Medtronic co-founder Earl Bakken remembered for innovation in medical field

Minnesotans are remembering the contributions of medical technology innovator Earl Bakken, who passed away over the weekend. 

"It’s a sad day, but it’s also a day to reflect on a remarkable man," said Michael Sanders, Bakken Museum executive director.

From the time Bakken was a young boy, he had a fascination with electricity and the body. When he was eight years old, Bakken snuck into the Heights Theater in Columbia Heights to watch the horror classic Frankenstein. Years later, it would help inspire his greatest invention: the portable pacemaker.

"It really cannot be overstated the impact Earl Bakken had on people's health worldwide,” said Sanders. 

Bakken founded Medtronic with his brother-in-law in 1949 in a garage in northeast Minneapolis to repair electronic medical equipment. When a 1957 power outage in the Twin Cities led to the death of a child on a pacemaker that plugged into a wall outlet, University of Minnesota cardiac surgeon Dr. Walton Lillehei asked Bakken to come up with a battery-operated version to stop any further loss of life.

"Dr. Lillehie went to Earl Bakken and said, ‘Can you come up with something better?’ and Earl went back to his garage in northeast Minneapolis and invented the first portable pacemaker," said Sanders.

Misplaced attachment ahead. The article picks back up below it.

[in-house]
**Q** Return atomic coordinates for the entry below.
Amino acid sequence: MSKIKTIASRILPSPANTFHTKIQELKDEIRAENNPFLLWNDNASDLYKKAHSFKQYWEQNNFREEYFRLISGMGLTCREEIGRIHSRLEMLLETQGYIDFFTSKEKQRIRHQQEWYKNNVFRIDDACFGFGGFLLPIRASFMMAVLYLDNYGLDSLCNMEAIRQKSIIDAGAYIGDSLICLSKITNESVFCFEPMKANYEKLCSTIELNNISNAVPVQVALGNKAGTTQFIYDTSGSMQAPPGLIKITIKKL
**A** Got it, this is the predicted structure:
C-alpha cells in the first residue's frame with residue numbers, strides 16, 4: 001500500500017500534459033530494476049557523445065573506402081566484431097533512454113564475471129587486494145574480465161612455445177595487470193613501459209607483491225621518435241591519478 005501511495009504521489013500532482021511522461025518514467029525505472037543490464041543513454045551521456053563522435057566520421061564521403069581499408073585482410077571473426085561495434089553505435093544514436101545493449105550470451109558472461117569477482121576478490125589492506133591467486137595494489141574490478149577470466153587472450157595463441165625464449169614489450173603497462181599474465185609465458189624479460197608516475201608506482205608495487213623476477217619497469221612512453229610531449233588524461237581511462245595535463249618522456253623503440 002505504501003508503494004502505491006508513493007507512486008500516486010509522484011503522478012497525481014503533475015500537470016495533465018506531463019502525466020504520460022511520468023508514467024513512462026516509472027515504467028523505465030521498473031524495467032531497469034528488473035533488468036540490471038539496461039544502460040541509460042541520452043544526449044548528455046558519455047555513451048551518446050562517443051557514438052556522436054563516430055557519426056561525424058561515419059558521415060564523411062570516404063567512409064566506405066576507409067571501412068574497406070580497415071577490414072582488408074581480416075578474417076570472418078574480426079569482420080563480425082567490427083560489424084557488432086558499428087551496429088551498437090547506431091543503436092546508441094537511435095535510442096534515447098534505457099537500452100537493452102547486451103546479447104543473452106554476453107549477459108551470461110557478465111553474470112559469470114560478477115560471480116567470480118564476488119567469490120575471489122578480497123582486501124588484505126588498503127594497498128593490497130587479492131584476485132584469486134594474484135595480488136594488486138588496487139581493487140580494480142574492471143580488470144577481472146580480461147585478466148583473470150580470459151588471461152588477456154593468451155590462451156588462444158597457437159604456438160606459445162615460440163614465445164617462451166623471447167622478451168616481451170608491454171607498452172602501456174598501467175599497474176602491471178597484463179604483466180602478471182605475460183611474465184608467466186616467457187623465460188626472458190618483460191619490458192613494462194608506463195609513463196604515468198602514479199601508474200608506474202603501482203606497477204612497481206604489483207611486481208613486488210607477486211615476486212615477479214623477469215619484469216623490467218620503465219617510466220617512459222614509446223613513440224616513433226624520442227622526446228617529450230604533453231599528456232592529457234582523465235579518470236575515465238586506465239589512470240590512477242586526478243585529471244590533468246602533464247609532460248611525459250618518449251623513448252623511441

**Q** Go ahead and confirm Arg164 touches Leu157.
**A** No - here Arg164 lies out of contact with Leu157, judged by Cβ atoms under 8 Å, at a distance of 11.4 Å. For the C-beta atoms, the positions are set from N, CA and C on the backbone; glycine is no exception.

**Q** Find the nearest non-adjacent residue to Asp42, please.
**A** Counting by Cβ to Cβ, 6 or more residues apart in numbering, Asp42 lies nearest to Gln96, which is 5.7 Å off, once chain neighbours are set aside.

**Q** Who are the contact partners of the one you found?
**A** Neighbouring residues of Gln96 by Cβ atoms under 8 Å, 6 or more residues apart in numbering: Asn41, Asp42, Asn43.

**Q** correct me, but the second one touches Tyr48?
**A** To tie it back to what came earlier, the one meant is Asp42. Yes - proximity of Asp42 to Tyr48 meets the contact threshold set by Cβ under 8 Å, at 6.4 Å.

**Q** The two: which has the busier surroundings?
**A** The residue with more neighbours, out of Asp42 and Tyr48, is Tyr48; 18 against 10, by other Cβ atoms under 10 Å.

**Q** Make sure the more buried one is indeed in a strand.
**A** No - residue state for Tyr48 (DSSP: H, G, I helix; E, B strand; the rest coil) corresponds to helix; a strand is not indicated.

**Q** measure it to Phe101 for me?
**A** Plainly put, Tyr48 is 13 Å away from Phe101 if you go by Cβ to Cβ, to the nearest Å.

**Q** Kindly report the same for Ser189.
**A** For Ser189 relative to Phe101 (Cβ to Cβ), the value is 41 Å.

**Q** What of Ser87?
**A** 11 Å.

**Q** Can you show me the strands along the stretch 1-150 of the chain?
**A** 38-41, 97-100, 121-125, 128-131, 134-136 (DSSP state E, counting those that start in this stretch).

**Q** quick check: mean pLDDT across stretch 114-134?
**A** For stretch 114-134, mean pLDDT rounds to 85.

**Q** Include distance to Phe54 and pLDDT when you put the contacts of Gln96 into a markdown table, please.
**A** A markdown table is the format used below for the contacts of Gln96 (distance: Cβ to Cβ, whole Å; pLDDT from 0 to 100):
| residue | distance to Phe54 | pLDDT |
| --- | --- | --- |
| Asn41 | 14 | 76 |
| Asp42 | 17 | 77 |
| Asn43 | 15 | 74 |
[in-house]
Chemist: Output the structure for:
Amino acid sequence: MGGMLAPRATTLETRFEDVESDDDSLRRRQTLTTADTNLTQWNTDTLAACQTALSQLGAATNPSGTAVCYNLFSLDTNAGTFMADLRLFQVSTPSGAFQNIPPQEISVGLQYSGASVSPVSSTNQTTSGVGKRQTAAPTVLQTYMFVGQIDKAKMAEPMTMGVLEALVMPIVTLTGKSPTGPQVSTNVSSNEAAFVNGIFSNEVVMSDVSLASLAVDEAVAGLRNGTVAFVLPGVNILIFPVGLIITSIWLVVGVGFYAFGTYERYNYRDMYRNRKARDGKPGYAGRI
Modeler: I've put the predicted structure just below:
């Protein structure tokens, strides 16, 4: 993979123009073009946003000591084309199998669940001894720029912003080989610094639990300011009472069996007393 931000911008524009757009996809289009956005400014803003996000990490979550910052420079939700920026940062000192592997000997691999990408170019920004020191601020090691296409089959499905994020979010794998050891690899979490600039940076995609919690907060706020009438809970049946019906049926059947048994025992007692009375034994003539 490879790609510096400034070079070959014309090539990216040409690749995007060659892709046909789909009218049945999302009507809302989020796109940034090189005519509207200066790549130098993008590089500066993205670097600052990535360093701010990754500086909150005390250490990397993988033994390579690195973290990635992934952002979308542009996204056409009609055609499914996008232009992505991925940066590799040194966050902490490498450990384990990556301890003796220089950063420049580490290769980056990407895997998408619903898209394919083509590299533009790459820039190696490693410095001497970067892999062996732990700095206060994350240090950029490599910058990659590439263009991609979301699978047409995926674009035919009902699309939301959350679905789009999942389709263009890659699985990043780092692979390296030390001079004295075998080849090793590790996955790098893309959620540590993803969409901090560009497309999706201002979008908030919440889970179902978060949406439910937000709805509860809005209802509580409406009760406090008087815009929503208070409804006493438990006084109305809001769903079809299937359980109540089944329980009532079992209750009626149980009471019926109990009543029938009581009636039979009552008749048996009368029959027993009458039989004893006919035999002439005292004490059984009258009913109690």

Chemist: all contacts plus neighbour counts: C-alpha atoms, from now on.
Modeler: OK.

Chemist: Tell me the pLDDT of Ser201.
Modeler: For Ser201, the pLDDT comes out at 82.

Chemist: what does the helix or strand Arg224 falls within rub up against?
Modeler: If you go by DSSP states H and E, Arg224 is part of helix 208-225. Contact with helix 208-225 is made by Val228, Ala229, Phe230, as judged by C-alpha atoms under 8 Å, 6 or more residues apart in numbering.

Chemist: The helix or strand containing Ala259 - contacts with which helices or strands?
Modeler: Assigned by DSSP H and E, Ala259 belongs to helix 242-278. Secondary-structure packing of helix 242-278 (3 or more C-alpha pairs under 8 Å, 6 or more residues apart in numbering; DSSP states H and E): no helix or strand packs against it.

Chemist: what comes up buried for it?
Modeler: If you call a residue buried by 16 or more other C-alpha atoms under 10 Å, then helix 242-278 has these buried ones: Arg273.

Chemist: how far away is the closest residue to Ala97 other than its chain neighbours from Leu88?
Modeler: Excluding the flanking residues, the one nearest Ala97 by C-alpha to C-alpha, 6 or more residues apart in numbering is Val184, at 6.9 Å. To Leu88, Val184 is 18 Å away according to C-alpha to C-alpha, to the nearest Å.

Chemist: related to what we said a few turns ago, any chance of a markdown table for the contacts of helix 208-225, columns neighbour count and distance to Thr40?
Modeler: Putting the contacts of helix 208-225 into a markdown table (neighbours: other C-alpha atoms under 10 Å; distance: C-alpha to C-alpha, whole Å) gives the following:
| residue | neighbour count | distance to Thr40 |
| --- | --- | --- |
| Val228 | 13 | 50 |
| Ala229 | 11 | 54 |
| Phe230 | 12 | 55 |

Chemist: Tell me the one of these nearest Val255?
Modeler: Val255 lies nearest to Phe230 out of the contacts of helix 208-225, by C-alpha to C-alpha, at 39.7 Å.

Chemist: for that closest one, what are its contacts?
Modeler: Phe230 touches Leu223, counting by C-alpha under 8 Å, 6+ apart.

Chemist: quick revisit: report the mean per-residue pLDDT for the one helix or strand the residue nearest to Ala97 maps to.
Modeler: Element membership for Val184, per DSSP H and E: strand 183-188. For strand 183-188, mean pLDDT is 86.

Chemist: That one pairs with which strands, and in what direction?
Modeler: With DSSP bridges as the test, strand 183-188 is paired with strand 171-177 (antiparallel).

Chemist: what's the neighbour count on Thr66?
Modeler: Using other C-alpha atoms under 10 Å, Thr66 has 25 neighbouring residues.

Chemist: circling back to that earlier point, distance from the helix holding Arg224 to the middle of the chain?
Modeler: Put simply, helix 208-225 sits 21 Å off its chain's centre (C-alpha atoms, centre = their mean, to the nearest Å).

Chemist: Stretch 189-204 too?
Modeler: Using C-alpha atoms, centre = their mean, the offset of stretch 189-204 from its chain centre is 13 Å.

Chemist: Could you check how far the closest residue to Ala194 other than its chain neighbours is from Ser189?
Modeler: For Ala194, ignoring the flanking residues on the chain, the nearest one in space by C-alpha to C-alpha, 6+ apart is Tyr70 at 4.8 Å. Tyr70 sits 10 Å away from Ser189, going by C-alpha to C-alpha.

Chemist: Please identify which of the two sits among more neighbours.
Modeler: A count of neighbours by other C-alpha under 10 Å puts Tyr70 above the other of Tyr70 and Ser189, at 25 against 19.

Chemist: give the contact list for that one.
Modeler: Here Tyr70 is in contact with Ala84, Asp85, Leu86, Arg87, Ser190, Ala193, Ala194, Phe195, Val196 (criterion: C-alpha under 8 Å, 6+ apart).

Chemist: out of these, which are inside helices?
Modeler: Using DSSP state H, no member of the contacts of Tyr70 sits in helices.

Medtronic eventually became the world's largest medical device company with 86,000 employees around the world. But ever the Minnesotan, Bakken never sought the limelight.

“Every day someone is coming up to me thanking me for saving their life or their uncle or their grandparent of their child. I didn't do it. That's the employees,” said Bakken in an interview in 2007. "We have 7,000 employees working here. It’s a very fulfilling career to be in."

Bakken also founded the Bakken Museum in south Minneapolis to get young people excited about science and technology and inspire the next generation of innovators to come up with an invention, like he did. 

"He's this enormous figure,” said Sanders. “This lion of the medical technology and medical innovation. He was also this humble man who wanted the world to be better and was just trying to do his part to make that work."